The intensity, color, and even type of light have a powerful influence on how we think and feel. But our mental health is also influenced by the amount of natural light we get exposed to. This is why we tend to feel sad and blue when it’s less natural light outside (usually during winter).   

As an architect, it’s important to keep these aspects in mind when designing buildings for office or for residential purposes.

Architectural Lighting & Energy Consumption

Energy consumption is another important factor that influences the shape of your final project. While we all enjoy well-lit spaces, the energy costs are on the rise these days. Not to mention that we also have to consider the environmental aspect of creating more energy.

Nowadays we need buildings that have a smaller footprint on the environment, which is why so many architects consider alternative resources (such as solar). However, you can also show care for the environment by integrating smart lighting solutions, dimmers, and reducing the amount of wasted light.

A good way to create a breathtaking lighting layout that is also energy efficient is to use LED bulbs instead of fluorescent light. The LED technology is more environmentally friendly and energy effective due to the directional nature of the lighting technology.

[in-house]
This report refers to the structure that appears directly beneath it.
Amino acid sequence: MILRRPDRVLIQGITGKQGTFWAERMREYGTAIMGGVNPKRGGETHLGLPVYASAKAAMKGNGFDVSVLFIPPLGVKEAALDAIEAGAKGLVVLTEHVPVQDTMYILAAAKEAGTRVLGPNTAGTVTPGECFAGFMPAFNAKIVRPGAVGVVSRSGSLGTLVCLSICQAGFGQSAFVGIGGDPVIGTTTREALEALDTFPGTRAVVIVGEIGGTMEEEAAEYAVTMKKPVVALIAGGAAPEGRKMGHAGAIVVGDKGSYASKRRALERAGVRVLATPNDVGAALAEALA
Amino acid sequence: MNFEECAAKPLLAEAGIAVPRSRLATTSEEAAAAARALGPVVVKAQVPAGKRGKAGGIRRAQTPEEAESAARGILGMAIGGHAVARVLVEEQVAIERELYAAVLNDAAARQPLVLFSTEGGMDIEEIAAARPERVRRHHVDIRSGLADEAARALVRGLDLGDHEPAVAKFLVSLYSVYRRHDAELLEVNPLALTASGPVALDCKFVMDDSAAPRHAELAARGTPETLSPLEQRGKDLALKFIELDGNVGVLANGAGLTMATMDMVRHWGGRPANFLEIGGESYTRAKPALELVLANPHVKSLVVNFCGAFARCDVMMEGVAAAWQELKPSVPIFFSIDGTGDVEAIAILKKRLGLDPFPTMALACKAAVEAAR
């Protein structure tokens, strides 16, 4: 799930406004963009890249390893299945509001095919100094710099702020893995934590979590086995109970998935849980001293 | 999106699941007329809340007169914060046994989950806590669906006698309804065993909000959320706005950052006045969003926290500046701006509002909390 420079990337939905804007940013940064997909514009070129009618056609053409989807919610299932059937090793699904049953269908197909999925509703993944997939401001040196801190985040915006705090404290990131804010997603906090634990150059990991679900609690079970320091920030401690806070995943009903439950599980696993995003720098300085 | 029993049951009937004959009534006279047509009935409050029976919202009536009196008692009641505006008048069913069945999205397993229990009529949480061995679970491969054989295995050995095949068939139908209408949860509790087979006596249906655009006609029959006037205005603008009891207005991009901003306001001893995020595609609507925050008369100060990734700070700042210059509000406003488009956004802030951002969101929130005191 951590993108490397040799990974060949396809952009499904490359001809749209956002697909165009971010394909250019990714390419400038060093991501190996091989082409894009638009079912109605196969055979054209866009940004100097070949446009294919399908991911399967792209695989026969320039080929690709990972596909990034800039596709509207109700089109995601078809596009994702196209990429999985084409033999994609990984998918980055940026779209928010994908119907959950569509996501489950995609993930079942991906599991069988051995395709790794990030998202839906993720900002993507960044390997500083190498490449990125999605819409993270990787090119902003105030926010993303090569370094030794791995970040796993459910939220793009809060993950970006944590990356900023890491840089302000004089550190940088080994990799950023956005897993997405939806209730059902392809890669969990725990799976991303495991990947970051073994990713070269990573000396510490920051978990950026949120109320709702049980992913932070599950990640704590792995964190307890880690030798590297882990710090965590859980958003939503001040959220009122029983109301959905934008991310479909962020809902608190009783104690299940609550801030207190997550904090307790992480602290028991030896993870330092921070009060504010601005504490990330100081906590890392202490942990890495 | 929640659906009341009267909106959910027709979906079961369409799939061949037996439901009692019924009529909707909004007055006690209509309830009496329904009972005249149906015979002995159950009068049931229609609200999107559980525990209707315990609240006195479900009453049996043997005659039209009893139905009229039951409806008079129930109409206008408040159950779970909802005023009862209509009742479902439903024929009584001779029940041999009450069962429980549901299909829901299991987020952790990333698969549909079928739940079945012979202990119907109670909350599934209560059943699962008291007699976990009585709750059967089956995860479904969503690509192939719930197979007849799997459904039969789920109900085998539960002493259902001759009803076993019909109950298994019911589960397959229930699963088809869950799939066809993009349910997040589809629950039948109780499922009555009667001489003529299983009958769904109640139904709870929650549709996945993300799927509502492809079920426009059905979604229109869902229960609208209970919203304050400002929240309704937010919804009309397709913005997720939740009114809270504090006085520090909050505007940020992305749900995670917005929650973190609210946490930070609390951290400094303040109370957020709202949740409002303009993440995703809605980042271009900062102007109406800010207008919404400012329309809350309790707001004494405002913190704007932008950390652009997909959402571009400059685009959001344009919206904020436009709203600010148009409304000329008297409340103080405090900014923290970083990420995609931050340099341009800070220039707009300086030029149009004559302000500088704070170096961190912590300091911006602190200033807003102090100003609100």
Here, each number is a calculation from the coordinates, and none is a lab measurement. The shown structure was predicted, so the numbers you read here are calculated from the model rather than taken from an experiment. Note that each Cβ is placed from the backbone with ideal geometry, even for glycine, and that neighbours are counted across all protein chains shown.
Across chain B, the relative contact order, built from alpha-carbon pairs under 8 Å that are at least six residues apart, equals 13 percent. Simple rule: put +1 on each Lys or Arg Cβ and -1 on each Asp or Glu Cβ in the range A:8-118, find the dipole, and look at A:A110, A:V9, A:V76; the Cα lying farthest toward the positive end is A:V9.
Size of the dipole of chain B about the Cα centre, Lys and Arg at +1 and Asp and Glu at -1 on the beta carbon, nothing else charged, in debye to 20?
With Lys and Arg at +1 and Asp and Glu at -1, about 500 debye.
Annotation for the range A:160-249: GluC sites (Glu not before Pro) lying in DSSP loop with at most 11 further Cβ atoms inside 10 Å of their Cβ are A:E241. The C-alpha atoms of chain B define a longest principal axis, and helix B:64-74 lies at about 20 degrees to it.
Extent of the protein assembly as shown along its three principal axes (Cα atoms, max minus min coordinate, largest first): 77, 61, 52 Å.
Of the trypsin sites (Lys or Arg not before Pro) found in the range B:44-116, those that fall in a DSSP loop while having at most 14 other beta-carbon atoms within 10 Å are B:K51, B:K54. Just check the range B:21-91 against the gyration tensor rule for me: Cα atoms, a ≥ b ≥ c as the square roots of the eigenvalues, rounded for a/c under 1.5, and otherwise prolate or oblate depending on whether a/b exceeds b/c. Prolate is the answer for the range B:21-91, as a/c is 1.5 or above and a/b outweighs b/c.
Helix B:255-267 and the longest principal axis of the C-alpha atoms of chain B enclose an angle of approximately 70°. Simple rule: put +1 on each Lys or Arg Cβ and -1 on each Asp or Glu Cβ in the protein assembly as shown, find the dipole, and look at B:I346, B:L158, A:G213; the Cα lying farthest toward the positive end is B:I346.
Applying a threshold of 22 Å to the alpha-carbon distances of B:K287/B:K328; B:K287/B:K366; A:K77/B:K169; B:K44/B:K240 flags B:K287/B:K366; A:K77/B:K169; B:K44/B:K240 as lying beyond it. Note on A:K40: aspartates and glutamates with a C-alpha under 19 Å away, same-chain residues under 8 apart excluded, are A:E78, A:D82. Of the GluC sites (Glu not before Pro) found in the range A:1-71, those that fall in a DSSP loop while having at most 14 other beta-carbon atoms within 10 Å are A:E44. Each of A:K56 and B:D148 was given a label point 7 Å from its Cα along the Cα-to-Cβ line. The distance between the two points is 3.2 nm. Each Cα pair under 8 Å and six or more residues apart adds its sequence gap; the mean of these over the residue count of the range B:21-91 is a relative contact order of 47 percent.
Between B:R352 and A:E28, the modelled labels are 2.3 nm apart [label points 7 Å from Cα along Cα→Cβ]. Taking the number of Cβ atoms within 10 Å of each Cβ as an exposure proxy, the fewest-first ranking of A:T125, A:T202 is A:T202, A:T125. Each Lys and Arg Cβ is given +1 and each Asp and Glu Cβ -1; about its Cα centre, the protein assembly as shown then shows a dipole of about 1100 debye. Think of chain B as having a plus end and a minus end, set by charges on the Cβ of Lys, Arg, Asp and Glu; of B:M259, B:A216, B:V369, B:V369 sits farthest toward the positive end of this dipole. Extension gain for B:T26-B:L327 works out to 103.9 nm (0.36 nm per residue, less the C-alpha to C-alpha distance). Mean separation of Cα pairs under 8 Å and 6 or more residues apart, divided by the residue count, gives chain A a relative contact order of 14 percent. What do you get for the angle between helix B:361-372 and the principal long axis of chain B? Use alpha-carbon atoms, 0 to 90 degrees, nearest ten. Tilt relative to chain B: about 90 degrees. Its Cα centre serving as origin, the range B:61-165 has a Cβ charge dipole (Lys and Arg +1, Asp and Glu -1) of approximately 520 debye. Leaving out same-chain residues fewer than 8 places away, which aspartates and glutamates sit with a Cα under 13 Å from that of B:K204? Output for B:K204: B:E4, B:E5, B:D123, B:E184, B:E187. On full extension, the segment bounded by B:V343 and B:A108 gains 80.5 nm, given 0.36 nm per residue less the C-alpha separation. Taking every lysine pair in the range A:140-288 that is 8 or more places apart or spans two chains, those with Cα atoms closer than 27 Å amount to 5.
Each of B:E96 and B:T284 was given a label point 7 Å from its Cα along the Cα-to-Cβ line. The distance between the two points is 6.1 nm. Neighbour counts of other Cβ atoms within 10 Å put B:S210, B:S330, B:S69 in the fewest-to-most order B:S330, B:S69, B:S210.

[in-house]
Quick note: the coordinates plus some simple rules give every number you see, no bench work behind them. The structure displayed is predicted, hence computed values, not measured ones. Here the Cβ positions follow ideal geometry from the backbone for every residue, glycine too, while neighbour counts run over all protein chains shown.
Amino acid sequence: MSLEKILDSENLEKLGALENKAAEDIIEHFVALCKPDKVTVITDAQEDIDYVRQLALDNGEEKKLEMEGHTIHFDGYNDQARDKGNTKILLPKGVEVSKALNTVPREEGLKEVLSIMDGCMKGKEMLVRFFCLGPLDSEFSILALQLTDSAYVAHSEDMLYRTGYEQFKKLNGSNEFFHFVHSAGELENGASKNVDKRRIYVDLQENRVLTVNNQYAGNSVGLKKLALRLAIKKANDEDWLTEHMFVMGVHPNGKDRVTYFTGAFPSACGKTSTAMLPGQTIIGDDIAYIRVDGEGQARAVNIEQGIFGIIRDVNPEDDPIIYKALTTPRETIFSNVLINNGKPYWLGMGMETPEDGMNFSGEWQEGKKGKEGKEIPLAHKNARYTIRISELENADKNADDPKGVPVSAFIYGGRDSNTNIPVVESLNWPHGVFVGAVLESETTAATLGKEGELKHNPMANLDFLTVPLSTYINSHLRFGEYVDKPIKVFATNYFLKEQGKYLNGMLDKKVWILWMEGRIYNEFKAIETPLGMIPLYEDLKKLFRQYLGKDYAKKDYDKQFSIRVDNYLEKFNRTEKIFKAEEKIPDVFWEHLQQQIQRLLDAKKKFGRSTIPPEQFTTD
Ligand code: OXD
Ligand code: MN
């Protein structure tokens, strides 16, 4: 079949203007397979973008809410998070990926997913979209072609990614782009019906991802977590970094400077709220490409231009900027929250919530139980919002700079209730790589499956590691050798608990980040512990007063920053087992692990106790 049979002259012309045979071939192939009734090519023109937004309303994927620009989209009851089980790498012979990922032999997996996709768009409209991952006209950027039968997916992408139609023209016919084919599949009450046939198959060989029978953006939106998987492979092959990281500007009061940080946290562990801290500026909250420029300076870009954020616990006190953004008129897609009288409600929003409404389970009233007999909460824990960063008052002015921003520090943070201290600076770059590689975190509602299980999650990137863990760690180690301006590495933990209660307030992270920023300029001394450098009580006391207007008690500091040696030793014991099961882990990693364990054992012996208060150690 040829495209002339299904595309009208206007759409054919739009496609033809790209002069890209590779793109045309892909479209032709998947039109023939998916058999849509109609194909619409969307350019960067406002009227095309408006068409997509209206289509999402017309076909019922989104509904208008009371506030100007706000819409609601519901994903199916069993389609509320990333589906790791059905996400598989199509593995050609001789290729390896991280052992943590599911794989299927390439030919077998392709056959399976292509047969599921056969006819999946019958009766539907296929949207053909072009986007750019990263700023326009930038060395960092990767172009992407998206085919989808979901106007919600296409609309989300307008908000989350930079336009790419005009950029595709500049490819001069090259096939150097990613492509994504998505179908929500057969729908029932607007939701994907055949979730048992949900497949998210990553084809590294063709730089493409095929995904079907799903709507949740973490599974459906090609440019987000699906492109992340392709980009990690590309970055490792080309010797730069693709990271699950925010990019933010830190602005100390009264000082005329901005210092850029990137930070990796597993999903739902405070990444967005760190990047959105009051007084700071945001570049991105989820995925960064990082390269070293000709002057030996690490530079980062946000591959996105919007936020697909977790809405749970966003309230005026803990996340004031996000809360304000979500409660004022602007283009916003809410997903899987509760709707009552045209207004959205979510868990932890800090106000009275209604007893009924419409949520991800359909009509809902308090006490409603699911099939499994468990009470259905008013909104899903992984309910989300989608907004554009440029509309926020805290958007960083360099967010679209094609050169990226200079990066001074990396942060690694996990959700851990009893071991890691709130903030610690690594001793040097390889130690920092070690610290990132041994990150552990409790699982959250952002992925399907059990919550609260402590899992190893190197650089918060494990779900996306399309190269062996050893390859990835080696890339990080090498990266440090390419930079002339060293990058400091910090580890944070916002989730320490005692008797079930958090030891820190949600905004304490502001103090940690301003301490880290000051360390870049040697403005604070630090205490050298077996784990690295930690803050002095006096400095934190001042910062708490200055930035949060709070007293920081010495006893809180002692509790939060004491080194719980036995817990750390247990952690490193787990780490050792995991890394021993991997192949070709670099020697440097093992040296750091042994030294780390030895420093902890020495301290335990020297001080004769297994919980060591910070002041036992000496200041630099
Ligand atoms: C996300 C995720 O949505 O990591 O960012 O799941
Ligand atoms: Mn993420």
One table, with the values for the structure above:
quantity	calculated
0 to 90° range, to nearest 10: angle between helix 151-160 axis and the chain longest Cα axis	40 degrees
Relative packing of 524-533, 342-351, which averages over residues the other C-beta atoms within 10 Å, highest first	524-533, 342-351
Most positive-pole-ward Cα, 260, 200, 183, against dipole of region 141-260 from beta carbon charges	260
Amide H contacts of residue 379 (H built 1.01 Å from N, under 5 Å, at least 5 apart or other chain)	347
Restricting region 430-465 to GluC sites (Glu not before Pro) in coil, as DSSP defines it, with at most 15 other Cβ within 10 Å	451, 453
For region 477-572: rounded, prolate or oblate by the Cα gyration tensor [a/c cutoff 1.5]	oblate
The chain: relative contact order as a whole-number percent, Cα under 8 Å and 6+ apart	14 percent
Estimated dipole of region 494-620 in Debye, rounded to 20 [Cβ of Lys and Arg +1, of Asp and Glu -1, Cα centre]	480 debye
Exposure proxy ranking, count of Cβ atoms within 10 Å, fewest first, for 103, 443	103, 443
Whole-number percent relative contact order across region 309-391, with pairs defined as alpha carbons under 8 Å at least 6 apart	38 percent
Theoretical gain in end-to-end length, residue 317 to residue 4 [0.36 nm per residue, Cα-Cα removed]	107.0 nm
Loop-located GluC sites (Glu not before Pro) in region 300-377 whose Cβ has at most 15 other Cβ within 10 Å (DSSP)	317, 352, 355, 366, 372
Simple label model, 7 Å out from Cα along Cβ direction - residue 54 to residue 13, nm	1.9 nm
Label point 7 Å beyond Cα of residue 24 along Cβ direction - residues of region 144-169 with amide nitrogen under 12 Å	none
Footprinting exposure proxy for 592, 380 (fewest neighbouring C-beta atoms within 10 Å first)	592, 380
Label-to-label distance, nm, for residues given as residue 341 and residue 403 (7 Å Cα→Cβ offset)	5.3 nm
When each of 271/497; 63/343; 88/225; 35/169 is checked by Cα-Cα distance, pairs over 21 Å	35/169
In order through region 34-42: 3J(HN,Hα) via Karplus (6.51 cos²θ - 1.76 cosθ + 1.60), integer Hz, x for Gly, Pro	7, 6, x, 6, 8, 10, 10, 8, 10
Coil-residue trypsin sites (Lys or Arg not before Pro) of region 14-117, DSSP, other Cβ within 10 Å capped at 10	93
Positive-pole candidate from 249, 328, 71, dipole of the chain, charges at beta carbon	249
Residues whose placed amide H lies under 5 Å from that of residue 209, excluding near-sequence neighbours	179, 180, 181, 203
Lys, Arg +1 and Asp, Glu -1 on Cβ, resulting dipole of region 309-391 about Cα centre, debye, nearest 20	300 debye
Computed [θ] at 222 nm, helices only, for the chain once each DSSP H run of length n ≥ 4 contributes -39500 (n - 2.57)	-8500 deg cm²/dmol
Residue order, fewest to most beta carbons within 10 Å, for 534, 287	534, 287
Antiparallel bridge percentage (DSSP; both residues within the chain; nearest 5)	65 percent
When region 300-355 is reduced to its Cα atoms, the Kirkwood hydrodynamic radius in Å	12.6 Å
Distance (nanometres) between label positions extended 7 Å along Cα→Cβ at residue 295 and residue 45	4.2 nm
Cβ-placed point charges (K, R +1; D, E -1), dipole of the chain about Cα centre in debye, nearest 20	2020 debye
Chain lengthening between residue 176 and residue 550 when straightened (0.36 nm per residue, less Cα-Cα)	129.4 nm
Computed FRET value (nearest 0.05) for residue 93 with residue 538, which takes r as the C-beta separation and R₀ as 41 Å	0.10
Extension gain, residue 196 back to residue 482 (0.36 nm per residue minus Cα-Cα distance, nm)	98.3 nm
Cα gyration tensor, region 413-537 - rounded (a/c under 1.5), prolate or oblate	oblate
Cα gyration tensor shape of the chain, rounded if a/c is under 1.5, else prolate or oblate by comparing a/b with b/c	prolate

Architectural Lighting & Feelings

Light influences the way we perceive volume and depth, which is why a well-lit room may seem more spacious than it actually is. Of course, other factors play a hand in creating the illusion (such as interior design and furniture arrangements), but the lighting makes the first visual impact.

Whether it’s artificial or natural, light can be used to direct a viewer’s attention towards certain areas and enlist a wide array of feeling before any other elements do. Thus, we can consider light as the main element that supports architecture.